Supported by the financial advantages of the Marlowe’s pending trust status, along with grants, donations and projected income, the theatre will move its participation and creative activities from a smaller building into the Poor Priests’ Hospital this September, paying rent to the council. Working with partners it will then establish a writer’s centre, nurturing creative talent, establishing a children’s literature festival and expanding its support of new playwriting talent.
So far so good, but our ambitions went further than this. We wanted the Poor Priests’ Hospital to integrate the city’s heritage with contemporary practice, bringing arts, heritage and creative production seamlessly together for the benefit of the local community, visitors and those who support and work in culture and heritage. We also wanted to respond to those in the community who were concerned that the heritage experience would be lost.
A successful bid
The Great Place Scheme, a joint Heritage Lottery Fund/Arts Council of England placemaking scheme supported by Historic England, came along at just the right time. An East Kent consortium, including Canterbury City Council, the Turner Contemporary in Thanet and Creative Foundation in Folkestone, working through the Kent Cultural Transformation Board, made a successful bid.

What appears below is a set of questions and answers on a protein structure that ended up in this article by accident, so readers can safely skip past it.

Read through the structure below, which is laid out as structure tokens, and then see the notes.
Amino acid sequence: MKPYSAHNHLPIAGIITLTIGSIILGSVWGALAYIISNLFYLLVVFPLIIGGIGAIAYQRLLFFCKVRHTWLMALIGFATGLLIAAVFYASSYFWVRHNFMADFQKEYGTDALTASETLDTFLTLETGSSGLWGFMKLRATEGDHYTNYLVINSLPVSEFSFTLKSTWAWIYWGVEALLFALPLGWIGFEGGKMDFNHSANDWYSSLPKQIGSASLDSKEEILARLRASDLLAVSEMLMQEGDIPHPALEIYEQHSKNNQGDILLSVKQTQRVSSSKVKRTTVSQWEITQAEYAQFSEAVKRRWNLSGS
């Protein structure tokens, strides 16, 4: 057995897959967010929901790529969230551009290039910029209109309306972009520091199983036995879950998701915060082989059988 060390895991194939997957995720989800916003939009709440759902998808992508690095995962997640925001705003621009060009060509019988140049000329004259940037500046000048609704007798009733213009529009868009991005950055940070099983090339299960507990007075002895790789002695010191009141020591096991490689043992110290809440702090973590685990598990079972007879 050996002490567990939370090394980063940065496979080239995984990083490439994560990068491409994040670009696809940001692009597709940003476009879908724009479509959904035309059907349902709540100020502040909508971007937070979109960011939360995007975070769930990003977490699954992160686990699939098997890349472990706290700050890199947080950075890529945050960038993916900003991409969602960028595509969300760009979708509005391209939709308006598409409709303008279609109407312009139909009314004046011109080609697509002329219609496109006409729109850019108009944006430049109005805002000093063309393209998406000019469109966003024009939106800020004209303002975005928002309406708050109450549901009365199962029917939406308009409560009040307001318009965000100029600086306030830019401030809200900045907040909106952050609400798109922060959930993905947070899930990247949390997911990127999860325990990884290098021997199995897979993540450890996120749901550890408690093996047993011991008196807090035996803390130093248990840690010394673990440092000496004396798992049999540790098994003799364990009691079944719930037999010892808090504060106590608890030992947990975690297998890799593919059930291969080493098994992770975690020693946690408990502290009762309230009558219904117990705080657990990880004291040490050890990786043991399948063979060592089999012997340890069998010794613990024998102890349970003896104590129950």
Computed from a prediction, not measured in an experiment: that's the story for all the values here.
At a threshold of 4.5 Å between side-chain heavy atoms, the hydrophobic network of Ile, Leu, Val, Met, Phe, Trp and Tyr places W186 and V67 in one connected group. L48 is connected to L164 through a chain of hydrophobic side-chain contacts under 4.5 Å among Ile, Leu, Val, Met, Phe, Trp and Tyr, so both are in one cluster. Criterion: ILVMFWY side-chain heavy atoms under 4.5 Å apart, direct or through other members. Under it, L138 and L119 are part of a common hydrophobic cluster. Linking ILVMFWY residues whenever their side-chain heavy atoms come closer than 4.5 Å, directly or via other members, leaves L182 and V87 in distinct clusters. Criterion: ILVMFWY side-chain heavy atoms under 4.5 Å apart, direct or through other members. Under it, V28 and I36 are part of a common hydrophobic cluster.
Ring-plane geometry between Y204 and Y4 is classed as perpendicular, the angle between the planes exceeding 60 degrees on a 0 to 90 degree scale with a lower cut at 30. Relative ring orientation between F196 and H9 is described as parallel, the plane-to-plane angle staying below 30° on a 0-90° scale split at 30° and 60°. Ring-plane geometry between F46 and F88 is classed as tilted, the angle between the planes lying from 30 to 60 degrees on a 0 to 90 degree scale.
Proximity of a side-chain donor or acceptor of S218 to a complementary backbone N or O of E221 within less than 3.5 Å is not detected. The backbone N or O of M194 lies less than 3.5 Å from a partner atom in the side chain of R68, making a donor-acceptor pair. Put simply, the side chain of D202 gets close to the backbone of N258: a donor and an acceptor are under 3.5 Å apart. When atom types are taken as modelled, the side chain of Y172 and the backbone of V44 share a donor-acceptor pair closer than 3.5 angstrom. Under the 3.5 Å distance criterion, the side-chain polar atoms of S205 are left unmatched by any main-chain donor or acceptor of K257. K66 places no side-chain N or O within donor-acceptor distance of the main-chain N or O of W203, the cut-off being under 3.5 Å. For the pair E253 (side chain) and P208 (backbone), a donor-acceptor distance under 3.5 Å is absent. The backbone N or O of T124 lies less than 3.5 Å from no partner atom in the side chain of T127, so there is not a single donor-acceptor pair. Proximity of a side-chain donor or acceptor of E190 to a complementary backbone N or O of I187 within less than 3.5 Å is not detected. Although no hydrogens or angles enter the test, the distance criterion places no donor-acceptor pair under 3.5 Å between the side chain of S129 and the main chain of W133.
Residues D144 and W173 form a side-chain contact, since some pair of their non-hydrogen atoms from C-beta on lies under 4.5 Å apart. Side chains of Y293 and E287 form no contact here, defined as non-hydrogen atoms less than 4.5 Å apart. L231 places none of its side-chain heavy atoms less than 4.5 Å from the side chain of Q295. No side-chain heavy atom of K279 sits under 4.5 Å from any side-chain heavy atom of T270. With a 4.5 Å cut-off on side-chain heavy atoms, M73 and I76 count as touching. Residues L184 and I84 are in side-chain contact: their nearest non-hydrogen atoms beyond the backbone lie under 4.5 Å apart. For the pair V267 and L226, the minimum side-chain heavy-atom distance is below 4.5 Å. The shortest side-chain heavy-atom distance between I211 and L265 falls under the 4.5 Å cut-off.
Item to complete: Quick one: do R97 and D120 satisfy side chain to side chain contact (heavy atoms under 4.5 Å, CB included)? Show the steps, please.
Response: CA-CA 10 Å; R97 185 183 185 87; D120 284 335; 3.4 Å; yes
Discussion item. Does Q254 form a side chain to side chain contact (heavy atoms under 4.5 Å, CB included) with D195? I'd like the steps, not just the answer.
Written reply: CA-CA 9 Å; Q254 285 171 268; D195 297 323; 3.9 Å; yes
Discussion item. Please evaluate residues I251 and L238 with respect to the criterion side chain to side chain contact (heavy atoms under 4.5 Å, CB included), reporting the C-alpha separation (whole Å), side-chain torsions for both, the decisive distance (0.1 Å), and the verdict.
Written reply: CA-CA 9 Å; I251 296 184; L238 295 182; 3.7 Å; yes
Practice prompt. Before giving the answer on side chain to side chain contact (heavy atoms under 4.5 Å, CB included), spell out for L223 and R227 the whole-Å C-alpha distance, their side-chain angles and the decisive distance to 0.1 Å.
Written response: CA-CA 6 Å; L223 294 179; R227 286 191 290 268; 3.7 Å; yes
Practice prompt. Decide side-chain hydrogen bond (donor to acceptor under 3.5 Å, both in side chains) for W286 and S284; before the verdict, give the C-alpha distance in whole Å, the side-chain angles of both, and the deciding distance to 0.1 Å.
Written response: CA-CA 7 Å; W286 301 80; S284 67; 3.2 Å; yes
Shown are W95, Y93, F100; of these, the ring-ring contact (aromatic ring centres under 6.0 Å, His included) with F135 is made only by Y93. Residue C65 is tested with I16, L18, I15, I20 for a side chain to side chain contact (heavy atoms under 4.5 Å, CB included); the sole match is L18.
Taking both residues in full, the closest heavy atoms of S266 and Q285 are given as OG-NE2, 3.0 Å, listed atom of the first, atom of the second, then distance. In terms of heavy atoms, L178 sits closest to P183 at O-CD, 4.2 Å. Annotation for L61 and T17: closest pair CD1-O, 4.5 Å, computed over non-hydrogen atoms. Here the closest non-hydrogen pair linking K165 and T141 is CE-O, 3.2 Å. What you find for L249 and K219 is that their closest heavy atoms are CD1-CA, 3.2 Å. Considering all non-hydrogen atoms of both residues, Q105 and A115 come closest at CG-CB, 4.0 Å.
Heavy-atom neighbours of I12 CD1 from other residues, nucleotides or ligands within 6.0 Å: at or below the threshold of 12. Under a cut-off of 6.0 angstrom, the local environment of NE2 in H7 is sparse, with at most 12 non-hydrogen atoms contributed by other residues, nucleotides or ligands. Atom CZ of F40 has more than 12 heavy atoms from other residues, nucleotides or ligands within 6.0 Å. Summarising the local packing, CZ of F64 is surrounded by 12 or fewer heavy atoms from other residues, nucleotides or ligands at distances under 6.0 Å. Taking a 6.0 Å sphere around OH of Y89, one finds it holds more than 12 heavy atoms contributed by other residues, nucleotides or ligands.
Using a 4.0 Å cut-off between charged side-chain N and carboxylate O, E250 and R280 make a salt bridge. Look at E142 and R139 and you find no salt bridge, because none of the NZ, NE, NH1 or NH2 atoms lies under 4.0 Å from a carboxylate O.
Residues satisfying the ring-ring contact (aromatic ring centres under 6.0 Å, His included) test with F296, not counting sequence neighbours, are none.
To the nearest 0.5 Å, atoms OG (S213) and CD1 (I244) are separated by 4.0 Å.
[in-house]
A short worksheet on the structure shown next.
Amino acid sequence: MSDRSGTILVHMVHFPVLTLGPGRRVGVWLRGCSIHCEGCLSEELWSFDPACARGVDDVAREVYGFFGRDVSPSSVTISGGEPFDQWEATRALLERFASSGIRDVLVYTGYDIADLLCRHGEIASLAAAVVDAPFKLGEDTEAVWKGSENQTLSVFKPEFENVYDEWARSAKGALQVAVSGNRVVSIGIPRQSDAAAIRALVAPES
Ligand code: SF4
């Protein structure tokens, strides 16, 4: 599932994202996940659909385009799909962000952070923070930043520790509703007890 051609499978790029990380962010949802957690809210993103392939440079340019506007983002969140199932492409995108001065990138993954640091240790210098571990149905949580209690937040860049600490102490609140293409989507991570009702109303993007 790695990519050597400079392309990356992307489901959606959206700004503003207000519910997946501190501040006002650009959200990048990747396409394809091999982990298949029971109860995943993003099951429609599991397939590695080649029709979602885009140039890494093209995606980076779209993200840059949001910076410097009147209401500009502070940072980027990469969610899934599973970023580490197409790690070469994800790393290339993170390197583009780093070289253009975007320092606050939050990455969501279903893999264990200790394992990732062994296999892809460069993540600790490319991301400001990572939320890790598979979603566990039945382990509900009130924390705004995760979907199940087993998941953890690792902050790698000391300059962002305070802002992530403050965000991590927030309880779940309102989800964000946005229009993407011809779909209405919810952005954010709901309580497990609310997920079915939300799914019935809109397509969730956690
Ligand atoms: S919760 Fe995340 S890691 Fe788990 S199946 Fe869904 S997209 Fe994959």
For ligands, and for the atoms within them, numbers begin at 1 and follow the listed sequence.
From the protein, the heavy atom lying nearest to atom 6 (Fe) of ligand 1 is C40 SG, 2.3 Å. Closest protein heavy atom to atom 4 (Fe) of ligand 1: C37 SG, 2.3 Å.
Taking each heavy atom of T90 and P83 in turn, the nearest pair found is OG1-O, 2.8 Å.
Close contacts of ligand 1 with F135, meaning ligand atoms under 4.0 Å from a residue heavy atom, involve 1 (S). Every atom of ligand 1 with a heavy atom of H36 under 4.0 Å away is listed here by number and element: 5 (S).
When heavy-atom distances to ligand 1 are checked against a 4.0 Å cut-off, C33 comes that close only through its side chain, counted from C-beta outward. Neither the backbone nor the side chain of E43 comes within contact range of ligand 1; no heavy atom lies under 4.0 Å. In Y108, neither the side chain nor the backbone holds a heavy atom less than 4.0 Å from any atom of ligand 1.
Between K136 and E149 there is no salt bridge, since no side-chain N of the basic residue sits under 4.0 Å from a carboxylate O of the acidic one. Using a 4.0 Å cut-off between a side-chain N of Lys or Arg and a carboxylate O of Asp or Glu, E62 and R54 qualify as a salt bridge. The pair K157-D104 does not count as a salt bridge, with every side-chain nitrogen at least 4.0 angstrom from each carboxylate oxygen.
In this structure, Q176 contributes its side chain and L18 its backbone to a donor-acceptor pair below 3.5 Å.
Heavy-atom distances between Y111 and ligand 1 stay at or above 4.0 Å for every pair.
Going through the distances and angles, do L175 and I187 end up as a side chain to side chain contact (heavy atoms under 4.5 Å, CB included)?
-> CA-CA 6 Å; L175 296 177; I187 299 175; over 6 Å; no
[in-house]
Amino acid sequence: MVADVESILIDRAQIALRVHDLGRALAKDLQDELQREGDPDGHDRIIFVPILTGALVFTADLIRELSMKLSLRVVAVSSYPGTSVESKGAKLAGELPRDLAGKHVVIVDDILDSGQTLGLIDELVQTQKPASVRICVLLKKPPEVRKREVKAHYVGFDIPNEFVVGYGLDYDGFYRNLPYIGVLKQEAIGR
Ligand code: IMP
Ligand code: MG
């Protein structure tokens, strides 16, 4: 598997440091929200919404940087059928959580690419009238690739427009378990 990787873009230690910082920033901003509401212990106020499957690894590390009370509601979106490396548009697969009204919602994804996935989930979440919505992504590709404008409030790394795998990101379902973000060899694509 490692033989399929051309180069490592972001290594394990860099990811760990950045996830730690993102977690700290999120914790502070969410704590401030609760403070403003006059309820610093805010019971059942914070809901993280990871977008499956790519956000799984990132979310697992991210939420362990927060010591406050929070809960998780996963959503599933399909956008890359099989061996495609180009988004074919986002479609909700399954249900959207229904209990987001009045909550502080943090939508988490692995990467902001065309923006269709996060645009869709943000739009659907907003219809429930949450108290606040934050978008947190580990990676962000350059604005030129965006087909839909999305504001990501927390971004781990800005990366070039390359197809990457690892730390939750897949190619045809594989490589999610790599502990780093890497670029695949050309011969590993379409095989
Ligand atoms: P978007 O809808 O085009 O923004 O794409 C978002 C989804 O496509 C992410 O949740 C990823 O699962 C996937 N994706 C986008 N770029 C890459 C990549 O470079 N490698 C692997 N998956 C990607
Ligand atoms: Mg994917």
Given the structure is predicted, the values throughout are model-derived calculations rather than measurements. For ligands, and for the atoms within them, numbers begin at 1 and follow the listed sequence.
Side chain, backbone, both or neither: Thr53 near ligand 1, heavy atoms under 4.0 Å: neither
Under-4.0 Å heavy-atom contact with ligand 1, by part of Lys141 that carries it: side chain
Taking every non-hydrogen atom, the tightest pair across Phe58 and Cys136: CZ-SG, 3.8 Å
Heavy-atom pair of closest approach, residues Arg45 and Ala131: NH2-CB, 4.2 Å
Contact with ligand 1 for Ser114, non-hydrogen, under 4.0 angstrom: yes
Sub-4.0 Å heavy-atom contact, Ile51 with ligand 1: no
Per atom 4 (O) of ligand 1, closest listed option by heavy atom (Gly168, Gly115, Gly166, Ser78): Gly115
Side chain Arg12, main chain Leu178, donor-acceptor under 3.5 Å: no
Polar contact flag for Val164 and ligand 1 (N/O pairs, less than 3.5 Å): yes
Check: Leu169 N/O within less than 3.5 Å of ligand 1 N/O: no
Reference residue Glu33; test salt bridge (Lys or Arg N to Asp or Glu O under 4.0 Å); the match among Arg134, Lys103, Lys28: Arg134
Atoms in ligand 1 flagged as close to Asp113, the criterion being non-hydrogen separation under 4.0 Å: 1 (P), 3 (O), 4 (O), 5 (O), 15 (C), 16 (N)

Canterbury’s share of the £1.5m will enable The Marlowe Theatre and Canterbury Museums to deliver a transformational project, retaining key elements of the collection in the building, re-interpreted to tell the story of Canterbury’s literary heritage, and used to inspire and integrate with the creative programmes.
A problem solved
I’m delighted that something innovative and transformational has been born out of a problem we thought unsolvable. Collaboration allowed that to happen – between the councillors and officers, The Marlowe Theatre and our museums, between stakeholders who both supported and opposed the changes and between the consortium partners, who saw this as part of East Kent’s collective placemaking agenda.
It’s a cliché, but necessity really was the mother of invention. Timing was everything – the need, the opportunity and the funding all came together at the right moment. There is always some luck involved.
It’s never easy re-imagining what is tied up with history and identity, and there are some who will still mourn the loss of what the Heritage Museum was. What I hope is that it will become a vibrant centre fusing arts and heritage in new ways, a place where work is made and performed and where residents and visitors can enjoy the city’s rich past and take part in its dynamic contemporary culture. Given that we started by thinking we could neither afford nor justify running a failing museum, that would be an amazing result.
Janice McGuinness is Assistant Director of Commissioned Services of Canterbury City Council.